Just for fun-what is the largest direct view CRT ever produced? - AVS Forum
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post #1 of 5 Old 01-02-2013, 10:28 AM - Thread Starter
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I finally got an HD signal via the new Hopper from Dish Network to my old Samsung 1080i 27". WOW! I got this TV free from a friend four years ago. His parents had bought it new in 2004 and didn't want to take it with them when they moved to Florida. I had it in the living room with an SD signal because we were pinching pennies and didn't want to spring for an HD package. I can't believe what a rich, sharp picture these old tube TVs produce! It got me thinking about what the upper limit in terms of size of a tube TV would be? My in-laws have a 40" Sony Trinitron SD set that is ENORMOUS and weighs about 350lbs. It's probably the nicest SD picture I've ever seen though. What was the largest (either production or concept) tube TV ever produced? Since tube HDTVs don't have the issues associated with motion, etc...it makes you wonder if there could ever be a niche market for them among videophiles who would be willing to sacrifice size for picture quality. How big would a 60" tube TV need to be in terms of depth and weight?
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post #2 of 5 Old 01-03-2013, 12:30 PM
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The search button is your friend.

http://www.avsforum.com/t/991666/what-was-the-largest-direct-view-crt-ever-made

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post #3 of 5 Old 01-03-2013, 02:23 PM
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The largest I have ever seen is the 40 inch Sony Trinitron model KV-40XBR800. There was also a KV-40XBR700 which I think is the same but lacking DVI input. These Trinitrons were flat and as such, EXTREMELY HEAVY, 300 pounds just for the television. The stand it came with was at least another 50 pounds. Although I have not seen one, I am aware of presentation monitors and a consumer television that Mitsubishi made which were 40 inch (not flat), and I have heard of a Toshiba television this size as well (probably not flat glass either). I'm sure they were heavy, but for being convex, they were likely not as heavy as the Sonys. At wikis and various other places discussing CRTs, I have heard tell of monitors or televisions made for industrial uses which were as large as 60 inches, but noone has managed to produce a simple photograph, so I cannot say how limited their use may have been. If you think about it, should an image that large be really necessary, it is probably time to move to projection just for practicality's sake, so I kind of wonder if a tube that size ever even really existed.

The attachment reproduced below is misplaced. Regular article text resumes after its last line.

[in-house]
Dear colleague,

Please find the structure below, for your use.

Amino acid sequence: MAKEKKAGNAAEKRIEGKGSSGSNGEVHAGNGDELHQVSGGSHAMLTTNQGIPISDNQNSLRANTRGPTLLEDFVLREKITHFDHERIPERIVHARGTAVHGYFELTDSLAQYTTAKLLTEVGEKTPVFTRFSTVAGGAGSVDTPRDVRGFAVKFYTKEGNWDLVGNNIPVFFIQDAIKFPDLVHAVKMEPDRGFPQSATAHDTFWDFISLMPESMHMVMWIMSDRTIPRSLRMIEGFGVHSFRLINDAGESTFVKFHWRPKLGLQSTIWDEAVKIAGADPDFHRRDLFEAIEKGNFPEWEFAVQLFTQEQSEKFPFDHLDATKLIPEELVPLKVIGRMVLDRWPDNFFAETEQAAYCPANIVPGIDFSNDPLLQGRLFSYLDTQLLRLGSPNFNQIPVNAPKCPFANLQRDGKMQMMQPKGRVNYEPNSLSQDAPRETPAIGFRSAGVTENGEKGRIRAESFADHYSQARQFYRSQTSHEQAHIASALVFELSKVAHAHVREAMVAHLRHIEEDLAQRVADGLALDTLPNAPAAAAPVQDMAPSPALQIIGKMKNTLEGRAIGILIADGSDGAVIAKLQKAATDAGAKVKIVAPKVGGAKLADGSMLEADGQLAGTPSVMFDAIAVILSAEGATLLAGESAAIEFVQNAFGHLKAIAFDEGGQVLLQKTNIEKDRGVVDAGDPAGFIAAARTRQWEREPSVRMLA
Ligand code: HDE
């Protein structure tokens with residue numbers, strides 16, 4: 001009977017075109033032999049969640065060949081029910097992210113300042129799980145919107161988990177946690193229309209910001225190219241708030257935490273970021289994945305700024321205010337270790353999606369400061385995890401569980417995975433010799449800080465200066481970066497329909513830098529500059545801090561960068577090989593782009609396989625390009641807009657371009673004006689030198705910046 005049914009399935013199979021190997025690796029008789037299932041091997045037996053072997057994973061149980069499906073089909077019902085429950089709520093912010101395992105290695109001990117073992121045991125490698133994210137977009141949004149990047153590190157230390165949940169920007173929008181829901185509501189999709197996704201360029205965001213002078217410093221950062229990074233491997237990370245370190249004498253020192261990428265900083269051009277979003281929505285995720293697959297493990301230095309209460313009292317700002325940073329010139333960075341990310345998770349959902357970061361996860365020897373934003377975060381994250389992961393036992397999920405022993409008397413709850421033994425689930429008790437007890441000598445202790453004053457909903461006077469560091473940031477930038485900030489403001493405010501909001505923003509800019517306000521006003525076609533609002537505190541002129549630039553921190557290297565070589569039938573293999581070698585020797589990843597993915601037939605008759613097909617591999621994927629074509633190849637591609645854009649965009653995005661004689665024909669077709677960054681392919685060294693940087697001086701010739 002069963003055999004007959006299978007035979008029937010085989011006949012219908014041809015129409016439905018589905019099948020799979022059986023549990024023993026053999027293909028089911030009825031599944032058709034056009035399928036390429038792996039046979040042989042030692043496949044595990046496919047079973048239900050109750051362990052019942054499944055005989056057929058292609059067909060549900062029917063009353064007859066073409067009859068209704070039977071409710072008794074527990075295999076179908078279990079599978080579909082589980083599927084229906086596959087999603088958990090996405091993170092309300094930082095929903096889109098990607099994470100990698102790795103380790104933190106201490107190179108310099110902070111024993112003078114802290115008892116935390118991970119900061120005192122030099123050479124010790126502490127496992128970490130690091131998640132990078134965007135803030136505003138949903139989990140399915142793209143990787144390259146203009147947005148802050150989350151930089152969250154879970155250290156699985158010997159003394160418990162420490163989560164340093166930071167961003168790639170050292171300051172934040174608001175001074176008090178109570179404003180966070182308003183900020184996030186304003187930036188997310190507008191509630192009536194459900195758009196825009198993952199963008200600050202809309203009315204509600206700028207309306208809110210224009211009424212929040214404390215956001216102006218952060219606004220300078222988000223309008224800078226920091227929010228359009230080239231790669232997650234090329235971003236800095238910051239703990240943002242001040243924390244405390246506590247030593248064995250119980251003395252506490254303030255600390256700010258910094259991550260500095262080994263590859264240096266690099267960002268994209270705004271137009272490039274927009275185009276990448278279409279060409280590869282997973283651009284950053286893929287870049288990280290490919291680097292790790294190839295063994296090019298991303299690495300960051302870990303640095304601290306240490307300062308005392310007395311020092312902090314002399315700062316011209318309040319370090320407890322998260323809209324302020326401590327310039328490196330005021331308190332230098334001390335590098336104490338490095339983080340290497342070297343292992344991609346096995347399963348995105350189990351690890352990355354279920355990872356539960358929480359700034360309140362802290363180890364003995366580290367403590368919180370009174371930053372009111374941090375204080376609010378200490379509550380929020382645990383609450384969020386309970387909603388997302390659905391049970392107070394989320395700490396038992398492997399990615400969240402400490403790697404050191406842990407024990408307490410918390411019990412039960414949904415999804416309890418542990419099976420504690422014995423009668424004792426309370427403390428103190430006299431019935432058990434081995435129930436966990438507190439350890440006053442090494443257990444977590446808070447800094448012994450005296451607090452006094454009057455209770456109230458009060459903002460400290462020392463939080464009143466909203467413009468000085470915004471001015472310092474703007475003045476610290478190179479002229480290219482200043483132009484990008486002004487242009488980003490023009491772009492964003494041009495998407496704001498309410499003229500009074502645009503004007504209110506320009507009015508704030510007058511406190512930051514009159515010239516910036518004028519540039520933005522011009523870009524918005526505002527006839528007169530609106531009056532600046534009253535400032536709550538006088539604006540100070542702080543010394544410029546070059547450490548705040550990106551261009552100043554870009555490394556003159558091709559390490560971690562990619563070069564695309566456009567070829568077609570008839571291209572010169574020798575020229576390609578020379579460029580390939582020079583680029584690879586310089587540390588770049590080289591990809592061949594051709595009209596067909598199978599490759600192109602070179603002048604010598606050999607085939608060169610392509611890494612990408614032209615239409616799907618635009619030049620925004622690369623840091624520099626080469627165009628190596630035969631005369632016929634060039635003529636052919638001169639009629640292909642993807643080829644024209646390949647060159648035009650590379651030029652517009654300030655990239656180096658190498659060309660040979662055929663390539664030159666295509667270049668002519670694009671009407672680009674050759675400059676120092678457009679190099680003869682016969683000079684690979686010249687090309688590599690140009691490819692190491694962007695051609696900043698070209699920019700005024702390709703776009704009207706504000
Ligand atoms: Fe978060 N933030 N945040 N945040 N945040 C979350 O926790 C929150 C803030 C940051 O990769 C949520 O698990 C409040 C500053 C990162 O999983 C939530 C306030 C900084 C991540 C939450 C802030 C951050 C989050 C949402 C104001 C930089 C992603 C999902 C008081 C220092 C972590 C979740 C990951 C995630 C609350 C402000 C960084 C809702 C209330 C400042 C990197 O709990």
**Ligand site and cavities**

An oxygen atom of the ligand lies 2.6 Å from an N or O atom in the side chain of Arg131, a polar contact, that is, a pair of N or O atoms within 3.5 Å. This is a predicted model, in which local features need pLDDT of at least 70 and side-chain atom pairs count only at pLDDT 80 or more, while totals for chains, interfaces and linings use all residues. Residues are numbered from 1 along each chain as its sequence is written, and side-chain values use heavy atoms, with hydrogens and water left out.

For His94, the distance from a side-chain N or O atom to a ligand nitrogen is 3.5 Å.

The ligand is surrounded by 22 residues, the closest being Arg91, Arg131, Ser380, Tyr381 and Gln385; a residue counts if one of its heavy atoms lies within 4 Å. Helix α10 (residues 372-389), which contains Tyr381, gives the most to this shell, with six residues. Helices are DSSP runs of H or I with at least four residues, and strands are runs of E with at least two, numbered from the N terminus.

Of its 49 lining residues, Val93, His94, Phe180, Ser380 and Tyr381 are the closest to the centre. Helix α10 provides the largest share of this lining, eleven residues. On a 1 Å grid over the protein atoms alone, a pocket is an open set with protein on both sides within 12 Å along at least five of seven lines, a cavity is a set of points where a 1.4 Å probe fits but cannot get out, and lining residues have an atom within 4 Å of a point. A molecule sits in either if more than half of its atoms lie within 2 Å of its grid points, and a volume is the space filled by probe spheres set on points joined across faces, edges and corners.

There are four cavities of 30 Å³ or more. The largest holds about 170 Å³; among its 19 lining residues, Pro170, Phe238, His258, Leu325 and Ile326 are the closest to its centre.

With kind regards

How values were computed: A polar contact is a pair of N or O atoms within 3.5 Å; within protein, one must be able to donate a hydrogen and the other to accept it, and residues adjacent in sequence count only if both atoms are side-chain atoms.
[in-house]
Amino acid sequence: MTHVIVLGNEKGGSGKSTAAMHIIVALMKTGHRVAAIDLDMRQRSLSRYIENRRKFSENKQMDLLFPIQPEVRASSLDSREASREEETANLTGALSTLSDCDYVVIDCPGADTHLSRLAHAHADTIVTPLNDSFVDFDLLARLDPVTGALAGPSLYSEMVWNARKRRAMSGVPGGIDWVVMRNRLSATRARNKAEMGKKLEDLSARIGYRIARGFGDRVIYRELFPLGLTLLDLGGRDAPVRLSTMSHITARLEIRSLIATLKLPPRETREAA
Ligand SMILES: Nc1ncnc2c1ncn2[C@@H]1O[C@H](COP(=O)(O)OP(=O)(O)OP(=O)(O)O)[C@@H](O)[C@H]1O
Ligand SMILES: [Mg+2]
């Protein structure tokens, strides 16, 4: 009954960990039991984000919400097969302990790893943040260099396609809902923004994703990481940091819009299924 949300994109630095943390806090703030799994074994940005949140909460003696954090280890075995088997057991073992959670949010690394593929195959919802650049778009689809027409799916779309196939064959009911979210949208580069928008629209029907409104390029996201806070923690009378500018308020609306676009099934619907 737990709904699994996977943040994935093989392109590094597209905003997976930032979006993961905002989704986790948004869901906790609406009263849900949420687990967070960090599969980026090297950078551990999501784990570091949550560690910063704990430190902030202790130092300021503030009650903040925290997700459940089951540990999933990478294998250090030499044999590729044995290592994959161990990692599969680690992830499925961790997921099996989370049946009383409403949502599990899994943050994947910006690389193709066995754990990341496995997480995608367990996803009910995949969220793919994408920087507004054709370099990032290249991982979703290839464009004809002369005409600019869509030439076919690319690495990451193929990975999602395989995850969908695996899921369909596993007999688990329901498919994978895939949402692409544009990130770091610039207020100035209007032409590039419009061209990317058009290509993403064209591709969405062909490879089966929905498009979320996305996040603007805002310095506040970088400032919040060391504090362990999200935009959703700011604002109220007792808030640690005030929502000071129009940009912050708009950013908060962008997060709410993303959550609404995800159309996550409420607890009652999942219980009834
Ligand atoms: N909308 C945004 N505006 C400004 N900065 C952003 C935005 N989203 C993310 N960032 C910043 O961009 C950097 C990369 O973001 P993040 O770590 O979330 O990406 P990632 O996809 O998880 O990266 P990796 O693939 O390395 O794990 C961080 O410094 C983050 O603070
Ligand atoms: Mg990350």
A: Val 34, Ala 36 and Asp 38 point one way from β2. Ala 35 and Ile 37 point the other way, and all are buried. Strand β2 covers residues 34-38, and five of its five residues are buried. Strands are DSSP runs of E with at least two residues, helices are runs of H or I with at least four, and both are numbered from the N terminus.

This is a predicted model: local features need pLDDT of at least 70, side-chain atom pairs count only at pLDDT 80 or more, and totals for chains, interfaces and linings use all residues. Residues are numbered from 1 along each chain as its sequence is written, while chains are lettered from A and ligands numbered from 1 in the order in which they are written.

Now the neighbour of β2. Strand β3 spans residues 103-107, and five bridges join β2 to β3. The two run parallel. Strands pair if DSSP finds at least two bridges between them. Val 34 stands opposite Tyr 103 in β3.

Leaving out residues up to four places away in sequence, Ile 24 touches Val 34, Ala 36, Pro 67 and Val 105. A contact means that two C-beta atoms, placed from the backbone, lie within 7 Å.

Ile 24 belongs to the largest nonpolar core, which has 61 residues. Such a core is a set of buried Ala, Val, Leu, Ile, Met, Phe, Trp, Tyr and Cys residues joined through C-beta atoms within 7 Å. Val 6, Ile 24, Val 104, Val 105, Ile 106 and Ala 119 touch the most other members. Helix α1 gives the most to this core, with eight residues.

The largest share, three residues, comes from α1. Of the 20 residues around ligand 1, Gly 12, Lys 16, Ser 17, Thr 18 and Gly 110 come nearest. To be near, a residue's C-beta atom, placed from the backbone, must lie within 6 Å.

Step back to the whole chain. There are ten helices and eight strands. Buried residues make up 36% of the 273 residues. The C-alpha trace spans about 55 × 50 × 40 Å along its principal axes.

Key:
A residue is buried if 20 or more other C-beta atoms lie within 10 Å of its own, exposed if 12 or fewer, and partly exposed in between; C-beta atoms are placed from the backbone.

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post #4 of 5 Old 01-03-2013, 04:25 PM
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The largest widescreen 16:9 I've heard of were the 38" Loewe & RCA (same RCA picture tube).

In 16:9 it looks like one can achieve 33" with a 36" 4:3 set and 37" with a 40" set:

http://en.wikipedia.org/wiki/FD_Trinitron/WEGA

Me, I don't think the difference there would be worth the extra weight vs. the 34" 16:9 sets at a touch under 200 lbs. Now if you watch a lot of 4:3 stuff those would be nice.

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post #5 of 5 Old 01-13-2013, 04:09 PM
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Wow! I just replaced a 10+ year old Sony 34XBR800 with a 46" Samsung 3D set plus sound bar. At 214 lbs I thought that set was heavy! Getting it removed and disposed of was the hardest part of the reconfiguation process. The 34XBR800 was a reasonable investment, but it failed for the second time (same IC) two weeks ago. I was able to fix it again, but that encouraged me to finally upgrade.

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